However, adopting a TR approach has its own complications. For example, using TR-oriented methodology in collaborative projects often entails sensitive negotiations between diverse team members (Klein 2008). Disciplinary approaches in epistemological inquiries play a key role in developing research questions, designing a research project, and approaching data collection and analysis. A key task in TR collaboration, then, is challenging the singular “worldview” espoused by any one discipline while still allowing for each discipline’s sense of autonomy (Mauser et al. 2013). The considerable efforts required in TR to help collaborators understand each other’s “cultures” may lead researchers to view some dimensions of this approach as posing additional demands on their time (Pohl 2005).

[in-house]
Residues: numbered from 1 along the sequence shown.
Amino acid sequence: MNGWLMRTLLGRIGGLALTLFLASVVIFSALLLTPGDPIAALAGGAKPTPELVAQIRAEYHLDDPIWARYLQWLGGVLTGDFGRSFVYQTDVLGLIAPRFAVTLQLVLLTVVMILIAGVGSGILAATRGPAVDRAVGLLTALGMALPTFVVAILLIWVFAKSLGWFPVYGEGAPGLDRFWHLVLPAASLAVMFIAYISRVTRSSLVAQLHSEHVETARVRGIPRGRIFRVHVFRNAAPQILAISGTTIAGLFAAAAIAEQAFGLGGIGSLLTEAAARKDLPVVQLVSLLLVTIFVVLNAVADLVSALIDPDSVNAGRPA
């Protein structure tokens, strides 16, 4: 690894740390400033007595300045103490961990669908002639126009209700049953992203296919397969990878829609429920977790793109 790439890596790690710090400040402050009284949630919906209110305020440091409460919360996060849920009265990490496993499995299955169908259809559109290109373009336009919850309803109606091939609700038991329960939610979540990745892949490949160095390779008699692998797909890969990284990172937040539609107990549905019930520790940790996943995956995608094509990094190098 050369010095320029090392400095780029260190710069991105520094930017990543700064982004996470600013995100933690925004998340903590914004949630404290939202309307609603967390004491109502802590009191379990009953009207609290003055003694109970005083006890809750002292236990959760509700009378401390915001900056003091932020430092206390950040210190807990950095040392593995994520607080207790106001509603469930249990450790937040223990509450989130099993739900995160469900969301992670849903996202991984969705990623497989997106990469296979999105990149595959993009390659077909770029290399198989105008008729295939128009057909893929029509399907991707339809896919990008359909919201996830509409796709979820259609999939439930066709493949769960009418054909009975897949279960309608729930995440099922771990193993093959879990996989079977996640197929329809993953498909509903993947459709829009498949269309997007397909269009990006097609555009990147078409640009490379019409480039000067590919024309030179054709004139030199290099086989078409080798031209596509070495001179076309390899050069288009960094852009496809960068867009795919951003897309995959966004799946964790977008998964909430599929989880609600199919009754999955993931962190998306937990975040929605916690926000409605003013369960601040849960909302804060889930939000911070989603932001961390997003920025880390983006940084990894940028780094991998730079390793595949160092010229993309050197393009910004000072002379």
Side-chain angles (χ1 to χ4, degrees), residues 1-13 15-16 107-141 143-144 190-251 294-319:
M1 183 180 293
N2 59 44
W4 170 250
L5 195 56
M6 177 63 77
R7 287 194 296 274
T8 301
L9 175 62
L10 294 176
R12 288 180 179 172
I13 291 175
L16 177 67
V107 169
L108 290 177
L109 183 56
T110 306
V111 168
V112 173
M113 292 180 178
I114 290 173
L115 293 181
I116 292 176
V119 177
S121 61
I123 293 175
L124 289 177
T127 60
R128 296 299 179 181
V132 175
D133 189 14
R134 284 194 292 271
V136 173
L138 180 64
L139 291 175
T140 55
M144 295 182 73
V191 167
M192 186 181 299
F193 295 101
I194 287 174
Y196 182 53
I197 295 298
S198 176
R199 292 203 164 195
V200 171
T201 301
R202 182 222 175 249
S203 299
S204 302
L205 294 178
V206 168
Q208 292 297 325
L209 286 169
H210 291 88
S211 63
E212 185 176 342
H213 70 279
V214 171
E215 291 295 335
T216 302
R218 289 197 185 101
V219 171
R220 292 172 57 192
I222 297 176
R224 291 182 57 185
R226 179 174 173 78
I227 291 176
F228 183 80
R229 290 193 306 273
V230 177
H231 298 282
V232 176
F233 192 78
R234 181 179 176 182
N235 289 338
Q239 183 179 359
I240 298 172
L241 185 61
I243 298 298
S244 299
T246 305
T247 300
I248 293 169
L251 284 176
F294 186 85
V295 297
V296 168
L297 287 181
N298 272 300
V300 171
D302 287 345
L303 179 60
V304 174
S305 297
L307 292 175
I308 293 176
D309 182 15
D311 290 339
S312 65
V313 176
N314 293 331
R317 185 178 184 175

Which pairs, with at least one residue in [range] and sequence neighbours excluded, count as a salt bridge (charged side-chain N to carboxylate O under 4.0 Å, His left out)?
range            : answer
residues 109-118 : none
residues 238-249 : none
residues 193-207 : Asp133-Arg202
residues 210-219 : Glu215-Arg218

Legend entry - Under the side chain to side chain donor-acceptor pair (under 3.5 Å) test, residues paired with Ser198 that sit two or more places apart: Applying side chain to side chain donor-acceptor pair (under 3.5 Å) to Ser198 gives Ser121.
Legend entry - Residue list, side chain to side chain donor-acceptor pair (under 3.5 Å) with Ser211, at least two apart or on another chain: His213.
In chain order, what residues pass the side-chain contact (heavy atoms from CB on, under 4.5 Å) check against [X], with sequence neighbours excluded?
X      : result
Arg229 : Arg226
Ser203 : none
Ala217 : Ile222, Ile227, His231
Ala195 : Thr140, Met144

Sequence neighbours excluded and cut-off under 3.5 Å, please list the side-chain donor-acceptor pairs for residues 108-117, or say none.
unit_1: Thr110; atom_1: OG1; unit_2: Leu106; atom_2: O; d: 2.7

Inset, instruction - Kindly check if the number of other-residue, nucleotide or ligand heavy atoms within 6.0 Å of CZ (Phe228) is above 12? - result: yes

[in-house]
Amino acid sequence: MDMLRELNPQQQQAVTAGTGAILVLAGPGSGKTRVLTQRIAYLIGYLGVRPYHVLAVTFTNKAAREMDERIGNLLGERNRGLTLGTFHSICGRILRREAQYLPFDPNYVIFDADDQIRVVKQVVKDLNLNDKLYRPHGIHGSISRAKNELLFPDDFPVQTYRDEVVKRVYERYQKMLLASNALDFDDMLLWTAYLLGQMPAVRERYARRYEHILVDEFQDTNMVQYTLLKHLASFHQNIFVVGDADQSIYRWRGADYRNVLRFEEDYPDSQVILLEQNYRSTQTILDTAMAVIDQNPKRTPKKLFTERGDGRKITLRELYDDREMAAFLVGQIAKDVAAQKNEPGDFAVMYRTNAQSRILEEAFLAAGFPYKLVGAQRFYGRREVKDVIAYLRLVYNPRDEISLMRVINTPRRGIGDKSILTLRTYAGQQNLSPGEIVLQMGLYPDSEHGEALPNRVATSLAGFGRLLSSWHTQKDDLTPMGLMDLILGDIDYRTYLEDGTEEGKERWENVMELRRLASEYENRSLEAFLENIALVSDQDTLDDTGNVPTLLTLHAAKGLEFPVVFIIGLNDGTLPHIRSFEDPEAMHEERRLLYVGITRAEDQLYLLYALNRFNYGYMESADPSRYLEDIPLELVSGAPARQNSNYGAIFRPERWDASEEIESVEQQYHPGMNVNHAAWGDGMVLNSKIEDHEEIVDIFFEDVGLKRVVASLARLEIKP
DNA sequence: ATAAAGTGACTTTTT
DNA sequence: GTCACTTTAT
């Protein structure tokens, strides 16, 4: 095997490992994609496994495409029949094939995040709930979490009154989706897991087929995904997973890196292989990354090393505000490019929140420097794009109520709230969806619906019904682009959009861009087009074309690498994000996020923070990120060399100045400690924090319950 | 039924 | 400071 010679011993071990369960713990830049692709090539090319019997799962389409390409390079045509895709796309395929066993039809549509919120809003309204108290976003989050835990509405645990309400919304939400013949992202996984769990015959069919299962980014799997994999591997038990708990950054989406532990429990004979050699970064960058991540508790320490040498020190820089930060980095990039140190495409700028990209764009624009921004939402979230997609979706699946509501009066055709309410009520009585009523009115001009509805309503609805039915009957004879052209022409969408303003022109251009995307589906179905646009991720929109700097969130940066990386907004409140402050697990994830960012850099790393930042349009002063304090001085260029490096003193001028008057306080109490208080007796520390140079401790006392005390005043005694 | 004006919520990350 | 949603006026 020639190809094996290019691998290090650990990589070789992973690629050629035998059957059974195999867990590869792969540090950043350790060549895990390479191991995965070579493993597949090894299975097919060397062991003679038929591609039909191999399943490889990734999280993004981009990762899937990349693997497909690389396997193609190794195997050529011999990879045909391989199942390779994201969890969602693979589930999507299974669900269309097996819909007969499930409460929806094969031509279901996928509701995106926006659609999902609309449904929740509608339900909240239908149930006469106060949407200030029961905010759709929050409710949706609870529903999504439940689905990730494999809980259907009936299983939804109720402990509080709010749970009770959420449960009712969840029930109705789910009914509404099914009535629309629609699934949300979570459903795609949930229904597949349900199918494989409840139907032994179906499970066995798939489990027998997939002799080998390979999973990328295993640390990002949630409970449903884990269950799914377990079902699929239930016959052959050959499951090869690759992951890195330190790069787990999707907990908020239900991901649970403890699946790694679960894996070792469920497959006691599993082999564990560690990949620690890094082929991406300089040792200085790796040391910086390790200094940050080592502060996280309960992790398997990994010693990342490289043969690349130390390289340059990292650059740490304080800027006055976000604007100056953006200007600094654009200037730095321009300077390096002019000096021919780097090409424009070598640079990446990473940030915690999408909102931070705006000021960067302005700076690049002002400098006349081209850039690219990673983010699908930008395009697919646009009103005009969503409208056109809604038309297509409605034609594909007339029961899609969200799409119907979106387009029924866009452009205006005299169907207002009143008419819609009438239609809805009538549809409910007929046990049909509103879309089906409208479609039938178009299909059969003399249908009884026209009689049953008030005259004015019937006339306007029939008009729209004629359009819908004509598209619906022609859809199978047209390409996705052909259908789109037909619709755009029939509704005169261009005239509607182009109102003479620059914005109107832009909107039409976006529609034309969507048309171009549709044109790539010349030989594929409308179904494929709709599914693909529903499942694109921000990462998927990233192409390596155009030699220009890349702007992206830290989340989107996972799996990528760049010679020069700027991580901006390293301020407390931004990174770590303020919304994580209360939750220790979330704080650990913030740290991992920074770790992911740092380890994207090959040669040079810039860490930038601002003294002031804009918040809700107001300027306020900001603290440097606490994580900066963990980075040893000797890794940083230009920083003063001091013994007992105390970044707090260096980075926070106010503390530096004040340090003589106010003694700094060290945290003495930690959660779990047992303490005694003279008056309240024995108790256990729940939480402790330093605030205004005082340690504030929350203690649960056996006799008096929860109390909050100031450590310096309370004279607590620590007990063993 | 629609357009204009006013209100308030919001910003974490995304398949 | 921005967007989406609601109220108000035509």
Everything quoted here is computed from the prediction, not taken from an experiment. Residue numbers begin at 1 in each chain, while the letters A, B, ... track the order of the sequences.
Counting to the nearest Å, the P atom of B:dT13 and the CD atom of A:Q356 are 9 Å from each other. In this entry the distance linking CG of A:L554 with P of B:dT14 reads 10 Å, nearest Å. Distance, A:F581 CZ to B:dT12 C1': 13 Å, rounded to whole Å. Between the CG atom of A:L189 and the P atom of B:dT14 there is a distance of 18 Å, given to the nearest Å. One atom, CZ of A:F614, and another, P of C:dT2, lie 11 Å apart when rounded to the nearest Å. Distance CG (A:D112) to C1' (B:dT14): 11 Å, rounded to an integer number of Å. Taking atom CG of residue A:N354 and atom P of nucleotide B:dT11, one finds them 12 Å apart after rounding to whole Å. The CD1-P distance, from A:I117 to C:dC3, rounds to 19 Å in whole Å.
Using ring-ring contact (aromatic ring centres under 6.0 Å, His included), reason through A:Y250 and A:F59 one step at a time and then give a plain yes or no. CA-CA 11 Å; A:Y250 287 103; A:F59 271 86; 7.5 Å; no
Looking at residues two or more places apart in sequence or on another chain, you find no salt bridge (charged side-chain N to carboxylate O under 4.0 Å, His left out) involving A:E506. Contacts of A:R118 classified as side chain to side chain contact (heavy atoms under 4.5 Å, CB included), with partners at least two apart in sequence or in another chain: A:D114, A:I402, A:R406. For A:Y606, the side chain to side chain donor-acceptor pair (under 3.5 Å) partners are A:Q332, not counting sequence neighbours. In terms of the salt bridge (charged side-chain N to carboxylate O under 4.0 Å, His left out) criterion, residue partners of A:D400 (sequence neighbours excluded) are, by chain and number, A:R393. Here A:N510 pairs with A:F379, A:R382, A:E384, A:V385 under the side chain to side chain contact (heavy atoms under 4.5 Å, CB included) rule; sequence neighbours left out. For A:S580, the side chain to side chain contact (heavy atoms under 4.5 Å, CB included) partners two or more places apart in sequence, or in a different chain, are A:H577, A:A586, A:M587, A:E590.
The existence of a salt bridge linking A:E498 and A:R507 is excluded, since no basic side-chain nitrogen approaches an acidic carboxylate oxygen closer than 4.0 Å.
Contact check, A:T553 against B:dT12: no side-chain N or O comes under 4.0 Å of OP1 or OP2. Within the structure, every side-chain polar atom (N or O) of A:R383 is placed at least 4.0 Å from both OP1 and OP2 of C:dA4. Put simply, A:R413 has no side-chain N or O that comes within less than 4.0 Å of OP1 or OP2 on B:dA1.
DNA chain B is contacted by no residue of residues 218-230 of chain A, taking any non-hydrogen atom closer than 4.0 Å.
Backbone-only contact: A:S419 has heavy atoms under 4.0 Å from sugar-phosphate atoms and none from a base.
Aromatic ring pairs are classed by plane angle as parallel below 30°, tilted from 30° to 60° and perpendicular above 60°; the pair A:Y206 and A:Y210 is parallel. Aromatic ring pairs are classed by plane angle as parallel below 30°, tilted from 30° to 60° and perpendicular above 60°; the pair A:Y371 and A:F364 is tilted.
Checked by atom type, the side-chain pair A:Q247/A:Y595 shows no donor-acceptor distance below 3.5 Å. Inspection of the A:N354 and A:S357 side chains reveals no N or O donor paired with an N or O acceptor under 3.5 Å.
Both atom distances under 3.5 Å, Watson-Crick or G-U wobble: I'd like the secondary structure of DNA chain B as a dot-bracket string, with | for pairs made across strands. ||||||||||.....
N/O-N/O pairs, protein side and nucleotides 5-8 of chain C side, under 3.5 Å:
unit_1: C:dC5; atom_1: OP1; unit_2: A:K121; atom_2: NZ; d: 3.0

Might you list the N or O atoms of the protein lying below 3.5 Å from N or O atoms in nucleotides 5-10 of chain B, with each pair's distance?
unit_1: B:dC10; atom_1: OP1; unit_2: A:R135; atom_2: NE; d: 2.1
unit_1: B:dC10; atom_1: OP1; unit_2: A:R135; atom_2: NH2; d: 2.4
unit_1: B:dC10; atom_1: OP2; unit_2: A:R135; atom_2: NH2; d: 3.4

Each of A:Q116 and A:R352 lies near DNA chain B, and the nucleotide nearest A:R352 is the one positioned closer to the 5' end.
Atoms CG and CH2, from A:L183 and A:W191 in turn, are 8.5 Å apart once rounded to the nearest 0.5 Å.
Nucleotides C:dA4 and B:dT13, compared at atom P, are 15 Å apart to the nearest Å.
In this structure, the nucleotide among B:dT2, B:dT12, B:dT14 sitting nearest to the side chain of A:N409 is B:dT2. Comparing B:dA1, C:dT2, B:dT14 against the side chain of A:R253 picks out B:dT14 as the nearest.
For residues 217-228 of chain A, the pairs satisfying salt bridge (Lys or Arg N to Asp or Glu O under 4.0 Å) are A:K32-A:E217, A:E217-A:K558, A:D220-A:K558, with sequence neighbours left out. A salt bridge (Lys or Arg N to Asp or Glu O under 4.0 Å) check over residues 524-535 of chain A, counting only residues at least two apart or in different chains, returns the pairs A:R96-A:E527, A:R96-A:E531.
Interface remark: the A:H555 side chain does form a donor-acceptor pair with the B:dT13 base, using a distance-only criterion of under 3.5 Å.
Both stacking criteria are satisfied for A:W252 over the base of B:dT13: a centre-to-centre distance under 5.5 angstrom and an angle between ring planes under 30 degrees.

Despite the increasing recognition of TR, there is still significant uncertainty about how to implement it in practice. In a review of TR in the sustainability sciences, less than half of the articles sampled described real-world case studies (44%; 104 of 236), and only 6% (14 of 236) pertained to the development of TR methods (Brandt et al. 2013). Thus, while it is clear that TR holds great potential for addressing links between social, environmental, and health problems, more empirical and critical reflections are needed to demonstrate how TR can tackle societal issues “as they manifest in their messy, social, and physical contexts” (Carew and Wickson 2010: 1146). To fill this gap, we reflect on the design of a collaborative, TR synthesis project on urban governance and environmental policy practices affecting the health of urban subsistence fishers in the United States Southern Gulf Coast, undertaken by the authors: six doctoral students from different disciplines (geography, public health, ecology, fisheries science, and urban studies).